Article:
Gallstone disease other imaging findings

Jump to navigation Jump to search

Gallstone disease Microchapters


Patient Information


Historical Perspective




Differentiating Gallstone disease from other Diseases

Epidemiology and Demographics

Risk Factors


Natural History, Complications and Prognosis


Diagnostic Study of Choice

History and Symptoms

Physical Examination

Laboratory Findings


X Ray




Other Imaging Findings

Other Diagnostic Studies


Medical Therapy


Surgical management

Primary Prevention

Secondary Prevention

Cost-Effectiveness of Therapy

Future or Investigational Therapies

Case Studies

Case #1

Gallstone disease other imaging findings On the Web

Most recent articles

Most cited articles

Review articles

CME Programs

Powerpoint slides


American Roentgen Ray Society Images of Gallstone disease other imaging findings

All Images
Echo & Ultrasound
CT Images

Ongoing Trials at Clinical

US National Guidelines Clearinghouse

NICE Guidance

FDA on Gallstone disease other imaging findings

CDC on Gallstone disease other imaging findings

Gallstone disease other imaging findings in the news

Blogs on Gallstone disease other imaging findings

Directions to Hospitals Treating Gallstone disease

Risk calculators and risk factors for Gallstone disease other imaging findings

Editor-In-Chief: C. Michael Gibson, M.S., M.D. [1]; Associate Editor(s)-in-Chief: Hadeel Maksoud M.D.[2]


There are other imaging modalities that can be useful in diagnosing gallstone disease, these include; endoscopic retrograde cholangiopancreatography (ERCP), bile microscopy and oral cholecystography. It should be noted however, that some of these have been replaced by non-invasive, more advanced and less expensive imaging techniques.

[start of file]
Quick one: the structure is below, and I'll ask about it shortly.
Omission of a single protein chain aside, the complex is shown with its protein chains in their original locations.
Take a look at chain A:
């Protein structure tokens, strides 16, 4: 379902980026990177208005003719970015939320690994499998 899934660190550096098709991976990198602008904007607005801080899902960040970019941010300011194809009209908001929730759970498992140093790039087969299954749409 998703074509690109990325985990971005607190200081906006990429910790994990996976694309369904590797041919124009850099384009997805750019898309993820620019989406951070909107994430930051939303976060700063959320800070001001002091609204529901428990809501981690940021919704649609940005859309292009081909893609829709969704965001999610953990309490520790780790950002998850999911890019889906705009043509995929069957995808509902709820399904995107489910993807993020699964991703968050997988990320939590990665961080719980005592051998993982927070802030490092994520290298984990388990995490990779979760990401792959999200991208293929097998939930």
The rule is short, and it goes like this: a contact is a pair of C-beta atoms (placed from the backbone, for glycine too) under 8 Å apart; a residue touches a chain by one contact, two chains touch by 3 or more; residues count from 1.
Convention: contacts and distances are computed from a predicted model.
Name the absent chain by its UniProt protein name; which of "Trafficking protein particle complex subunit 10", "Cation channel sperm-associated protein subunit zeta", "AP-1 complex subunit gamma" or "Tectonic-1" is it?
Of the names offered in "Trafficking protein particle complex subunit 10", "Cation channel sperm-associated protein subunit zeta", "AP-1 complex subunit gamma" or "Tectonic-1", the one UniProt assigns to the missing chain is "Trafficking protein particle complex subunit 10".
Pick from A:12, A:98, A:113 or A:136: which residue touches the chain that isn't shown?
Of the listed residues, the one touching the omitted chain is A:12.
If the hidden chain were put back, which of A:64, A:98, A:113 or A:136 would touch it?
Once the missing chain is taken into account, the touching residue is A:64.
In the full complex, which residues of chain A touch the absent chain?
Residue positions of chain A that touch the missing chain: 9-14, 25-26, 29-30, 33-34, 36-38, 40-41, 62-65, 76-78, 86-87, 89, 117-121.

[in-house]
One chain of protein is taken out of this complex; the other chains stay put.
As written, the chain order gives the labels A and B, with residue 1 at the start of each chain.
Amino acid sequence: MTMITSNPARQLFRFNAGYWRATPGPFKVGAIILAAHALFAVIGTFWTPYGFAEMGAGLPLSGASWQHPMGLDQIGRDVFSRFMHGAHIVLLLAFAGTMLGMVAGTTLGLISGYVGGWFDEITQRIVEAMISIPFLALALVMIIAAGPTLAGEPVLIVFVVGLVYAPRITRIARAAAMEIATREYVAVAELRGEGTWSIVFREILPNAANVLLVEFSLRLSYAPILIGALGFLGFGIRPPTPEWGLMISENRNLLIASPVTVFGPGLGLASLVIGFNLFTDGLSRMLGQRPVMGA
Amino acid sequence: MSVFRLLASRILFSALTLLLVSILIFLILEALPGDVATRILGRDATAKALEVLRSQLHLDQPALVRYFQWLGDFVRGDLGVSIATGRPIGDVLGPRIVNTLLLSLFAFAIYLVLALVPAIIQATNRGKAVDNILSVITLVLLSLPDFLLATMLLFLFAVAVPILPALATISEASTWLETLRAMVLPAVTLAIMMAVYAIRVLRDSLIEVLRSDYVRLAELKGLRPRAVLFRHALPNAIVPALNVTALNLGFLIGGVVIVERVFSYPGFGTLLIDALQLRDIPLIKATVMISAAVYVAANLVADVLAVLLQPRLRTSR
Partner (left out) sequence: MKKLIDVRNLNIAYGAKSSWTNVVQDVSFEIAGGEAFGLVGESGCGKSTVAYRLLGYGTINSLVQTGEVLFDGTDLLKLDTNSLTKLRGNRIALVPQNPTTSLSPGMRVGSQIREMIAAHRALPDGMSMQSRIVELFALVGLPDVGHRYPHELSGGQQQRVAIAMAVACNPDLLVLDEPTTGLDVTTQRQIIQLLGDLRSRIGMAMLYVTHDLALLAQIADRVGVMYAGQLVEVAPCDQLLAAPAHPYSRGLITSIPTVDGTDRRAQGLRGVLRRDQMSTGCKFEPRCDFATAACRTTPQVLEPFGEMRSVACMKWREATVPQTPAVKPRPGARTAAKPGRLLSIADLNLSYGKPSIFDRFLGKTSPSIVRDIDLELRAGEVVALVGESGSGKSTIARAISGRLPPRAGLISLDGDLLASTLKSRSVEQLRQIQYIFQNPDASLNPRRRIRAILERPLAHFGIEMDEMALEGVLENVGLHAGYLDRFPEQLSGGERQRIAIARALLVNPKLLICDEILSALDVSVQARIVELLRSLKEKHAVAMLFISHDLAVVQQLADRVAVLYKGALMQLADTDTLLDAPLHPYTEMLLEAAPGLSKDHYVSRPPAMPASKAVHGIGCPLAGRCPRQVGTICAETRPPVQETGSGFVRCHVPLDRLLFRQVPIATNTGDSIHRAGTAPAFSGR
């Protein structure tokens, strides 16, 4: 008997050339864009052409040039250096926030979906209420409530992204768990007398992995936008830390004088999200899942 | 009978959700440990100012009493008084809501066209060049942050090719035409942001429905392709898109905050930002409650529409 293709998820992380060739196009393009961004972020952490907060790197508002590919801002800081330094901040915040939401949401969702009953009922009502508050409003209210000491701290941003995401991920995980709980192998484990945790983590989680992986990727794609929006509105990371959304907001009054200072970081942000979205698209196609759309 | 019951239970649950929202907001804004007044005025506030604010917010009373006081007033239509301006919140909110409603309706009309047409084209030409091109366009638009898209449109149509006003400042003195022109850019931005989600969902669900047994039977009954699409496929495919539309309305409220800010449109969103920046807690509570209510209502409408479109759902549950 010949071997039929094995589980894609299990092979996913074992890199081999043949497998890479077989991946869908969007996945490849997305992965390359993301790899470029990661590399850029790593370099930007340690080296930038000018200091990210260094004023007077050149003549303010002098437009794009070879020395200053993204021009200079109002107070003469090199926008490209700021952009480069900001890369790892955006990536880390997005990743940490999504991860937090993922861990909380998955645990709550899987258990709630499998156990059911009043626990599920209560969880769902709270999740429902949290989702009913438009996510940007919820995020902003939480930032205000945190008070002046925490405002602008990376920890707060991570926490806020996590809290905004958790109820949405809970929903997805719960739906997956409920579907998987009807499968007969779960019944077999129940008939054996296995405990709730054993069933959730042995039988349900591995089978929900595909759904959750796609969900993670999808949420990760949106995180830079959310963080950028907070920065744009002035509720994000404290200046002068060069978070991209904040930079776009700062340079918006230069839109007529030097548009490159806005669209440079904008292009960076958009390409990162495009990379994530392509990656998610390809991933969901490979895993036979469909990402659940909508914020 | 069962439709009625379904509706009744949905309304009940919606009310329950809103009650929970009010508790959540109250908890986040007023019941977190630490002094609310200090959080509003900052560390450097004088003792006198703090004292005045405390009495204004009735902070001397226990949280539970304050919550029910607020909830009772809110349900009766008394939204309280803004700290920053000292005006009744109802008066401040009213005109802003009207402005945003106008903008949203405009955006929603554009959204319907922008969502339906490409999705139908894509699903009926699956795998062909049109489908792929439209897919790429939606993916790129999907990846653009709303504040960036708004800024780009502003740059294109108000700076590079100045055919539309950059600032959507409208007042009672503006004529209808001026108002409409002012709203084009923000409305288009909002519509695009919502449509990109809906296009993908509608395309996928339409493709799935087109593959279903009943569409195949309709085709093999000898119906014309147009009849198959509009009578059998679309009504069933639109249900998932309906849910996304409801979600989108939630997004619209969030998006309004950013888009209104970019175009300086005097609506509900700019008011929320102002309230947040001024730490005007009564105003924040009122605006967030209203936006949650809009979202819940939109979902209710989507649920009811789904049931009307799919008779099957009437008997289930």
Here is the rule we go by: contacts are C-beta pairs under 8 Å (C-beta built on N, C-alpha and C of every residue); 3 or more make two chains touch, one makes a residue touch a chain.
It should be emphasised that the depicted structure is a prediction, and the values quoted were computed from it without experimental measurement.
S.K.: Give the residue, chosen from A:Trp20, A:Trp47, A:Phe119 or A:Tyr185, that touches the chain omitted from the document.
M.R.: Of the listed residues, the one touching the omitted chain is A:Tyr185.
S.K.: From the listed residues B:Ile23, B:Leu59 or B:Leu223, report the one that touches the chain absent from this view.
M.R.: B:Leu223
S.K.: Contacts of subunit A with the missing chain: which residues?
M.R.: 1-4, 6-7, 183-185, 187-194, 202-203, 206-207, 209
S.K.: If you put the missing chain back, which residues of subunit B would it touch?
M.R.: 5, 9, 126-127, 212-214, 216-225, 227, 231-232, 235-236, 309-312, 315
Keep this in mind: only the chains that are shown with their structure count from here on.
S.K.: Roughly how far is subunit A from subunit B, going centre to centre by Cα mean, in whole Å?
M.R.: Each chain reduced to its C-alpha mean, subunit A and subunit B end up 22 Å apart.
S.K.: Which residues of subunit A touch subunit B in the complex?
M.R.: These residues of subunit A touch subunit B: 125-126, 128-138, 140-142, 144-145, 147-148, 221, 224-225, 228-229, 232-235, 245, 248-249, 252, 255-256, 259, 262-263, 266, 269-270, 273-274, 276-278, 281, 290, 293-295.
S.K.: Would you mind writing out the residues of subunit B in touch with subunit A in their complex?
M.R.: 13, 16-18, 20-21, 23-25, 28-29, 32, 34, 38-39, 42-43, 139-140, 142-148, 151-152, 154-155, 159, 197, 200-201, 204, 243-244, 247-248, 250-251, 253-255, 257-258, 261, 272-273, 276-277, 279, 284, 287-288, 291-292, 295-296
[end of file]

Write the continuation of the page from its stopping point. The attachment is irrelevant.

Other Imaging Findings

Endoscopic retrograde cholangiopancreatography

Gallstones are seen as filling defects in the gallbladder. Source:wikiwand[4]

Oral cholecystography

  • Oral cholecystography is rarely done since being replaced by the transabdominal ultrasound.[5]
  • It is still occasionally used prognostically to evaluate gall bladder function in obese patients on medical dissolution therapy such as ursodeoxycholic acid where a high quality ultrasound cannot be obtained.


  1. Prat F, Amouyal G, Amouyal P, Pelletier G, Fritsch J, Choury AD, Buffet C, Etienne JP (1996). "Prospective controlled study of endoscopic ultrasonography and endoscopic retrograde cholangiography in patients with suspected common-bileduct lithiasis". Lancet. 347 (8994): 75–9. PMID 8538344.
  2. Gurusamy KS, Giljaca V, Takwoingi Y, Higgie D, Poropat G, Štimac D, Davidson BR (2015). "Endoscopic retrograde cholangiopancreatography versus intraoperative cholangiography for diagnosis of common bile duct stones". Cochrane Database Syst Rev (2): CD010339. doi:10.1002/14651858.CD010339.pub2. PMID 25719222.
  3. Tse F, Liu L, Barkun AN, Armstrong D, Moayyedi P (2008). "EUS: a meta-analysis of test performance in suspected choledocholithiasis". Gastrointest. Endosc. 67 (2): 235–44. doi:10.1016/j.gie.2007.09.047. PMID 18226685.
  4. "".
  5. Shea JA, Berlin JA, Escarce JJ, Clarke JR, Kinosian BP, Cabana MD, Tsai WW, Horangic N, Malet PF, Schwartz JS (1994). "Revised estimates of diagnostic test sensitivity and specificity in suspected biliary tract disease". Arch. Intern. Med. 154 (22): 2573–81. PMID 7979854.

Template:WH Template:WS